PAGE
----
Tag: "Wireless"

Posted October 12, 2021 by Ry Marcattilio-McCracken

With support from the Internet Society, the Institute for Local Self-Reliance has produced a video series to help tribes meet the requirements set by the FCC in getting their 2.5GHz networks up and running. Featuring participants from this summer's inaugural Tribal Wireless Bootcamp (including Spencer Sevilla and Deb Simpier), the series offers an introduction to key terms before walking viewers through the necessary steps from inception to connecting end users to a new network.

Christopher wrote a retrospective of the event at the end of September, so head there if you're curious about how it all came together, the lessons learned, and more about the wonderful people who took part in the effort.

The educational series is split into four parts: 1) Why LTE? 2) An Intro to EPC 3) Setting up the eNodeB, and 4) Configuring SIM Cards and Adding Users. 

Watch the videos below, or view the full playlist here.

Posted September 24, 2021 by Ry Marcattilio-McCracken

On Episode 19 of the Connect This! Show, co-hosts Christopher and (a partly there) Travis Carter (USI Fiber) are joined by Keith Hanson (Shreveport, Louisiana Chief Technology Officer) and Angelina Panettieri (National League of Cities) to talk about how some cities place themselves at the vanguard of innovation by undertaking projects designed to improve local conditions using existing infrastructure and know-how. Keith shares Shreveport's efforts to map the digital divide by connecting low-power computing devices to GPS sensors and cell phone batteries on garbage trucks to map broadband access across the city. He also talks about other edge computing initiatives, like video for public safety. 

The group also discusses the newly released Treasury rules on the $10 billion in infrastructure funding coming down the pipeline, and how cities can position themselves to take advantage.

Subscribe to the show using this feed, or visit ConnectThisShow.com

Email us broadband@muninetworks.org with feedback, ideas for the show, or your pictures of weird wireless infrastructure to stump Travis.

Watch here, or below.

Posted September 21, 2021 by Ry Marcattilio-McCracken

On Episode 19 of the Connect This! Show, co-hosts Christopher and Travis Carter (USI Fiber) are joined by Keith Hanson (Shreveport, Louisiana Chief Technology Officer) and Angelina Panettieri (National League of Cities) to talk about how some cities place themselves at the vanguard of innovation by undertaking projects designed to improve local conditions using existing infrastructure and know-how. For instance, in this episode of the show, Keith will share Shreveport's efforts to bridge the digital divide: an initiative driven in part by connecting low-power computing devices to GPS sensors and cell phone batteries on garbage trucks to map broadband access across the city.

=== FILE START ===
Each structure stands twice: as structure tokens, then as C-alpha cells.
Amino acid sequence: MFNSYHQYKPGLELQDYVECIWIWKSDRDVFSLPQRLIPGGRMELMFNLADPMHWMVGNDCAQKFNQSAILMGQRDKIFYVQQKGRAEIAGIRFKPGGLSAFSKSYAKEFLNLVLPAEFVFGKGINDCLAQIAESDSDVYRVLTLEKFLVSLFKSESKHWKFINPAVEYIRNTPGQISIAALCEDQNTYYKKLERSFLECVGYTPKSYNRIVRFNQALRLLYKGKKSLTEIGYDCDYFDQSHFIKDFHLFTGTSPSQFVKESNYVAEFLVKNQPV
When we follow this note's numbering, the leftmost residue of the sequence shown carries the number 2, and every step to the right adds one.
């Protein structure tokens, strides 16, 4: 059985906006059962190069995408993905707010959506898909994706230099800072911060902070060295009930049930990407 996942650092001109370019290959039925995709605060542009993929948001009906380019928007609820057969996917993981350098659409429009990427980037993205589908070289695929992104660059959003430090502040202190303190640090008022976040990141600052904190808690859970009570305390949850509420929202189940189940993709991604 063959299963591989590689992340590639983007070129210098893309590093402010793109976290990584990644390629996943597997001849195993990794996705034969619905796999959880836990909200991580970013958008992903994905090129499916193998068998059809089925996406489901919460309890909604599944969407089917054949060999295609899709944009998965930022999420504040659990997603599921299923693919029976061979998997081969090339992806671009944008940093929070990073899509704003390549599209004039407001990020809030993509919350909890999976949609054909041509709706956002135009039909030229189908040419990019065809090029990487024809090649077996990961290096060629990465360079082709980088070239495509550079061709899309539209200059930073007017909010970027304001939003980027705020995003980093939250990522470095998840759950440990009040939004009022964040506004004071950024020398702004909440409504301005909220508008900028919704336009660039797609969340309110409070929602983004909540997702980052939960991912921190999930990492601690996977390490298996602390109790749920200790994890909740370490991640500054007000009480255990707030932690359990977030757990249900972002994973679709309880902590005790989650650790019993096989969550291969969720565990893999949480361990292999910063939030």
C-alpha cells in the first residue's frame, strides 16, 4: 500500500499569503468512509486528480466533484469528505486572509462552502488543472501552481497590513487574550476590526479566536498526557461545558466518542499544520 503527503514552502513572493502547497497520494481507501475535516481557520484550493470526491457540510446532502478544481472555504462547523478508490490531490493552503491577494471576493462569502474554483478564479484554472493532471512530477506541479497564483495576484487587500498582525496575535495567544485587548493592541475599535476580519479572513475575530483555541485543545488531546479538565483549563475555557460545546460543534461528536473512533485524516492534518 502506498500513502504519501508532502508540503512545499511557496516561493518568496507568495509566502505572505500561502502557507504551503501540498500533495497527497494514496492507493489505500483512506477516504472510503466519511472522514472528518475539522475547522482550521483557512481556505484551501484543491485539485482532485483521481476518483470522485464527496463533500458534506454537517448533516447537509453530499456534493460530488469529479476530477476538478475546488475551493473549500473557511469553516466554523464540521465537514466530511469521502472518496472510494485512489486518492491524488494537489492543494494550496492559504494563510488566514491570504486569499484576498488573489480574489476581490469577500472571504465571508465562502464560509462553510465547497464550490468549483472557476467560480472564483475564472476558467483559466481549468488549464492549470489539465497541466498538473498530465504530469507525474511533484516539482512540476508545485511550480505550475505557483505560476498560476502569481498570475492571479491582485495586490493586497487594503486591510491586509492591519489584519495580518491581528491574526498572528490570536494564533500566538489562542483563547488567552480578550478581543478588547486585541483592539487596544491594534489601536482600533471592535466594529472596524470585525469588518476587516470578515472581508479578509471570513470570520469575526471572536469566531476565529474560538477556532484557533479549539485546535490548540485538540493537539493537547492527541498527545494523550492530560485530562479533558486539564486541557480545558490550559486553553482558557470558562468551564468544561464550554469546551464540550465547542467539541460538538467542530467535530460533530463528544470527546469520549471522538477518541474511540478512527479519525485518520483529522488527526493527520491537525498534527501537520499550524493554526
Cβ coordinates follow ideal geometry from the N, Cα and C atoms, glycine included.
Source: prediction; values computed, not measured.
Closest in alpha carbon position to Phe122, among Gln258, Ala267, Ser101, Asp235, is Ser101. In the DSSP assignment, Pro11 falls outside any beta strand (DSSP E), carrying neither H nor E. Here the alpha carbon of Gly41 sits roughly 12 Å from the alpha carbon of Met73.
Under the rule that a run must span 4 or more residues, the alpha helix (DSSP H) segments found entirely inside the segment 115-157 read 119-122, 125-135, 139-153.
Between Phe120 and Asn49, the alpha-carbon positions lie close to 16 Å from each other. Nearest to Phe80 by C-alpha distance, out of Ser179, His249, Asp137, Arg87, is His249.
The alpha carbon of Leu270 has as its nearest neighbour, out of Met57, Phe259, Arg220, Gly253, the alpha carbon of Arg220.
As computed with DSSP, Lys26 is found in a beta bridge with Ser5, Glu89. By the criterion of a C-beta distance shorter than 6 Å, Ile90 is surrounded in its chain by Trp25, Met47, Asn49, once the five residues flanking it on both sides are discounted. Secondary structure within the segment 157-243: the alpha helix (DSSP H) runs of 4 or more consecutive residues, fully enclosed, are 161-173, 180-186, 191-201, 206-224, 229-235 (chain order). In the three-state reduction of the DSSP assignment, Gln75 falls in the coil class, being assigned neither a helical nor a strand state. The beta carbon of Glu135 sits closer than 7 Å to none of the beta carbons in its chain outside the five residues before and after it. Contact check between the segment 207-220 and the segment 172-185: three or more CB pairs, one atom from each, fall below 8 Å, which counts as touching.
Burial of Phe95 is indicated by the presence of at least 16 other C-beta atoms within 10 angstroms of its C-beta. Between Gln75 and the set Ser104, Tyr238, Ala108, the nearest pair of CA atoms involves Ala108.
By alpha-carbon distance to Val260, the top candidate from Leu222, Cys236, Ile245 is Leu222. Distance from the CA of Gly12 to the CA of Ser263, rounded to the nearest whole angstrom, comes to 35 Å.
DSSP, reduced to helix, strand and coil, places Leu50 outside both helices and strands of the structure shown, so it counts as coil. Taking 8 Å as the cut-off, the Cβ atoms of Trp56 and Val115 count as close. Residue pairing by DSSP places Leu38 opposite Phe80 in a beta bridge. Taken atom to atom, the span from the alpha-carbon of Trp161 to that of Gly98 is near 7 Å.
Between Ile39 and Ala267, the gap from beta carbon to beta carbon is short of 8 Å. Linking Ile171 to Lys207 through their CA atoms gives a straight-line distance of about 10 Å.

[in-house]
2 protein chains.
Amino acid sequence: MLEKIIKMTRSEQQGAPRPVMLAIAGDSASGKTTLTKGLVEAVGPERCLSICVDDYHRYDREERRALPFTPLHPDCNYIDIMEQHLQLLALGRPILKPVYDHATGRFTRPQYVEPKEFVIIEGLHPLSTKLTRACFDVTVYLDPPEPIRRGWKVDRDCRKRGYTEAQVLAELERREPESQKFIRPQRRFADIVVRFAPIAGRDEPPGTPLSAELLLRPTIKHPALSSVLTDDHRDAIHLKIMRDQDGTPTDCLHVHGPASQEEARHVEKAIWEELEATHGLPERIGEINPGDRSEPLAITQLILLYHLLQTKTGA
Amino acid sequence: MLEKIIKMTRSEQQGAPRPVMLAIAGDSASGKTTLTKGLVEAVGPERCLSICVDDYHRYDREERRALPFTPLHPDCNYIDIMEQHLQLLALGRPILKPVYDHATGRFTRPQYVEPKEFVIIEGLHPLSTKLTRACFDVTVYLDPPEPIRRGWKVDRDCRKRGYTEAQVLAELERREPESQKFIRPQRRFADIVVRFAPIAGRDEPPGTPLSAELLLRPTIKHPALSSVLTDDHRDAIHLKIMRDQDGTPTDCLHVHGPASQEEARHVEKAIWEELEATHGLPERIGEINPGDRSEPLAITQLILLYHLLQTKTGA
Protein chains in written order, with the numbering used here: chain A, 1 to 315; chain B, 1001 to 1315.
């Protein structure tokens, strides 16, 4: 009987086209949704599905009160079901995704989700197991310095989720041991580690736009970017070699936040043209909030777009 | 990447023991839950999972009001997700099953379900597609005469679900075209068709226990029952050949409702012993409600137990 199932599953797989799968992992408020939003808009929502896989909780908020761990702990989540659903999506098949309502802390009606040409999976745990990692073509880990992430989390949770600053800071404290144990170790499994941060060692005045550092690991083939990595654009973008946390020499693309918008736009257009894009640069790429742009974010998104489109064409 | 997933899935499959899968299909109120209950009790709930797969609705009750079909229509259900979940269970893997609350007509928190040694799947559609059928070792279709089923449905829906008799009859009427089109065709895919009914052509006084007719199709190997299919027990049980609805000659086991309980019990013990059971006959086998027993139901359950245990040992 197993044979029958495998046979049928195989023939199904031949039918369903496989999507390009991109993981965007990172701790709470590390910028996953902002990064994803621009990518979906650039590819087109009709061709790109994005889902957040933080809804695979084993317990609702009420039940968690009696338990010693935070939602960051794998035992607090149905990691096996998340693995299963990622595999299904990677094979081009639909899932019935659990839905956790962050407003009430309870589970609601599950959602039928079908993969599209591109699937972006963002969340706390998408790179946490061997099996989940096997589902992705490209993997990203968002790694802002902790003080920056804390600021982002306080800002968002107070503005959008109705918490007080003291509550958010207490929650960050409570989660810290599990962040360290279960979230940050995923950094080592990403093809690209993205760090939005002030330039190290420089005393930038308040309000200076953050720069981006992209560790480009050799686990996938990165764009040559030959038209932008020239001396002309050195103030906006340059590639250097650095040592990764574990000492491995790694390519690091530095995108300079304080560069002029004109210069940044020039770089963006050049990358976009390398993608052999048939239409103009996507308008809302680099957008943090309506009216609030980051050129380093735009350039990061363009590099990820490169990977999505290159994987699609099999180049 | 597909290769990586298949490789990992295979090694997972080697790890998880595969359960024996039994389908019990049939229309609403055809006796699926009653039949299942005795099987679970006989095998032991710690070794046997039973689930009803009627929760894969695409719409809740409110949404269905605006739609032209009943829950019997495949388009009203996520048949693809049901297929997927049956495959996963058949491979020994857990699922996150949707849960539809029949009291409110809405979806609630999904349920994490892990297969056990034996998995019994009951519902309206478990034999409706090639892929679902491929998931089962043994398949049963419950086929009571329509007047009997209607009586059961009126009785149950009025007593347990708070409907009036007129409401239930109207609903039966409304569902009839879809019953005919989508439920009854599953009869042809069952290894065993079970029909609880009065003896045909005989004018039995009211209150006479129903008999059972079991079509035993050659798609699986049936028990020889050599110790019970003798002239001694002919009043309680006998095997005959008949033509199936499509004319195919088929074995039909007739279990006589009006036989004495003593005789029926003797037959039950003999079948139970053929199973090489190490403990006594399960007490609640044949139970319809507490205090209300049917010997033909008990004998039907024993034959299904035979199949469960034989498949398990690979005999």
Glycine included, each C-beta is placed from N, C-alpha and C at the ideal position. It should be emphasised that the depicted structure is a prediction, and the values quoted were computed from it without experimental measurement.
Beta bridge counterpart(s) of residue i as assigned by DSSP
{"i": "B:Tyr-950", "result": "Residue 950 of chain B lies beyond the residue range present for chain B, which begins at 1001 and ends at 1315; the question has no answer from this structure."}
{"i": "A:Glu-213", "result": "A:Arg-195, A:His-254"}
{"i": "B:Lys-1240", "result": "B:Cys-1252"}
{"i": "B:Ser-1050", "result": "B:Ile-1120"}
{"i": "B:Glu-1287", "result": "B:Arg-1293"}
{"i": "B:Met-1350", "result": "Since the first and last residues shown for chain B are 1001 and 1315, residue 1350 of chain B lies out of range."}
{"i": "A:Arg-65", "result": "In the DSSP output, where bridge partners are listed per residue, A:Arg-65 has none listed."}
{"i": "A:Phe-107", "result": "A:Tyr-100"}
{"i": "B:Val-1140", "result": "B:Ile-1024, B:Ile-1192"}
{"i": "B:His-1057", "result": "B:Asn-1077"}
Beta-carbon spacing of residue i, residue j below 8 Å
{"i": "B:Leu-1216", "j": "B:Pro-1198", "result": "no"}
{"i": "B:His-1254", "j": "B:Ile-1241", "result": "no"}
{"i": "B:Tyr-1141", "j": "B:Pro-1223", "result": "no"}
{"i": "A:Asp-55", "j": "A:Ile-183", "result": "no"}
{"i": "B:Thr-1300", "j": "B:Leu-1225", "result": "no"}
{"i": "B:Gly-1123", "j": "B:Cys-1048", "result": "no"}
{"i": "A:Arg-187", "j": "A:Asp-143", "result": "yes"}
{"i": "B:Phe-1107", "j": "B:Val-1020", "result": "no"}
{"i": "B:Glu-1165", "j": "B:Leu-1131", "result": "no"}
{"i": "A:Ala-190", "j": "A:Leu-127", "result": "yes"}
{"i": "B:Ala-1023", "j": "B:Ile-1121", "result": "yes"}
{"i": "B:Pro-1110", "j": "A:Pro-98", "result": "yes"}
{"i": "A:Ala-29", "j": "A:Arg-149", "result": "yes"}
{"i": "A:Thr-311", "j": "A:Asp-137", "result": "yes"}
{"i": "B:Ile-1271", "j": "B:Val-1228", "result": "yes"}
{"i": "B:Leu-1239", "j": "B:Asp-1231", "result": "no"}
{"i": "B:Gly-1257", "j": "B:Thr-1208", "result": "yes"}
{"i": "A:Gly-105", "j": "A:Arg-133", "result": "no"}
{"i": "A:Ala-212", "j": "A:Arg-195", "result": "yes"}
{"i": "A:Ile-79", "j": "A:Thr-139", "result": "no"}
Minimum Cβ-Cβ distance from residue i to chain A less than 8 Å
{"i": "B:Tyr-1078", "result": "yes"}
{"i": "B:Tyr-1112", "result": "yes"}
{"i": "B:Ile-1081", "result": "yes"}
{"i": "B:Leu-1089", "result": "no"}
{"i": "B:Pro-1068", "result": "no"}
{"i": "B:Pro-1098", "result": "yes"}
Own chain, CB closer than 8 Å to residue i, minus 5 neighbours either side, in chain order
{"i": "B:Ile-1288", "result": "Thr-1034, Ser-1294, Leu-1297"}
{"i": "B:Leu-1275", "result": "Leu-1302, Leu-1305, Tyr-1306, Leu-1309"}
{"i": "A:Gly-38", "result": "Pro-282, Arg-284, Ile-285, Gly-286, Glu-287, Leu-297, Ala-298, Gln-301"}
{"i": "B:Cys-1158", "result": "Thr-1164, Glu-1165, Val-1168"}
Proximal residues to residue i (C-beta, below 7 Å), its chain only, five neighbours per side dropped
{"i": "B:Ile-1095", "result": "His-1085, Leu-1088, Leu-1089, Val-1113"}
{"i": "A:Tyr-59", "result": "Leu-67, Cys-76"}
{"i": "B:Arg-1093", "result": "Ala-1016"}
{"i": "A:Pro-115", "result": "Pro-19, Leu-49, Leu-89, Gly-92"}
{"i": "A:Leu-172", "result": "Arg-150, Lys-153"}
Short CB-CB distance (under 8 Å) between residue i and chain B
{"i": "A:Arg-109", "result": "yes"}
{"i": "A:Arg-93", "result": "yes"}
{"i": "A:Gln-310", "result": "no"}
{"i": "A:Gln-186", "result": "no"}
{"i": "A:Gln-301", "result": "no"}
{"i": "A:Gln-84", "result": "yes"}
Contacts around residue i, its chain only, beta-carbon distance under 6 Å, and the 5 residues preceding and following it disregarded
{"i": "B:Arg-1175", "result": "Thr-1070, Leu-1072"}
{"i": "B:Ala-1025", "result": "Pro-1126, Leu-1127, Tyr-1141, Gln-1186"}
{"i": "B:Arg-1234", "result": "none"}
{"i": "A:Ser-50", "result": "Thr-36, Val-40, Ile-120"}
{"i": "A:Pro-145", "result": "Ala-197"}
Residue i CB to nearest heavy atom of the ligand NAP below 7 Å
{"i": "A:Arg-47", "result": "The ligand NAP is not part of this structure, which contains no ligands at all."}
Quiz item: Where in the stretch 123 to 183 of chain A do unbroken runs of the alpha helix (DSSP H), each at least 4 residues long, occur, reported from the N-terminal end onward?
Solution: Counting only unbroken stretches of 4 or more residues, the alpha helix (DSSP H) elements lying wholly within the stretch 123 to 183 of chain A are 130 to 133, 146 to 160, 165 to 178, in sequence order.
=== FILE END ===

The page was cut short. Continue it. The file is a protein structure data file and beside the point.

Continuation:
The group will also discuss the newly released Treasury rules on the $10 billion in infrastructure funding coming down the pipeline.

Join us for the live show Thursday, September 23rd, at 5pm ET. 

Subscribe to the show using this feed, or visit ConnectThisShow.com

Email us broadband@muninetworks.org with feedback, ideas for the show, or your pictures of weird wireless infrastructure to stump Travis.

Watch here, or below.

Posted September 21, 2021 by Christopher Mitchell

Earlier this summer, a small group of people gathered in the southern California desert for the first Tribal Wireless Bootcamp. Organized by a loose collection of people with a long history of building and encouraging nontraditional broadband networks, the focus was on building, maintaining, and troubleshooting wireless networks in Indian Country.

To avoid any pretense of journalistic integrity, I will just say upfront that it was awesome. Not just in the sense that it was a good time, but in the sense that it was overwhelming and hard to fully grasp. For some of us, it was the first time in more than a year we had been in a group of people of any size, let alone people outside our immediate social circle.

Some of the attendees were already operating networks and others were new to it but everyone shared strategies, whether about software or how to organize people in historically marginalized communities - taking lessons from the Bronx and applying them to Tribal lands.

Ultimately, we achieved the multiple objectives set out from the beginning - to share strategies on building physical networks while actually building a social support network for this work that would endure after the weekend ended. Each of the Tribes involved received a set of 2.5 GHz radios that would not only allow for a high-capacity link, but would standardize the participants so they could better help each other to troubleshoot and improve their networks.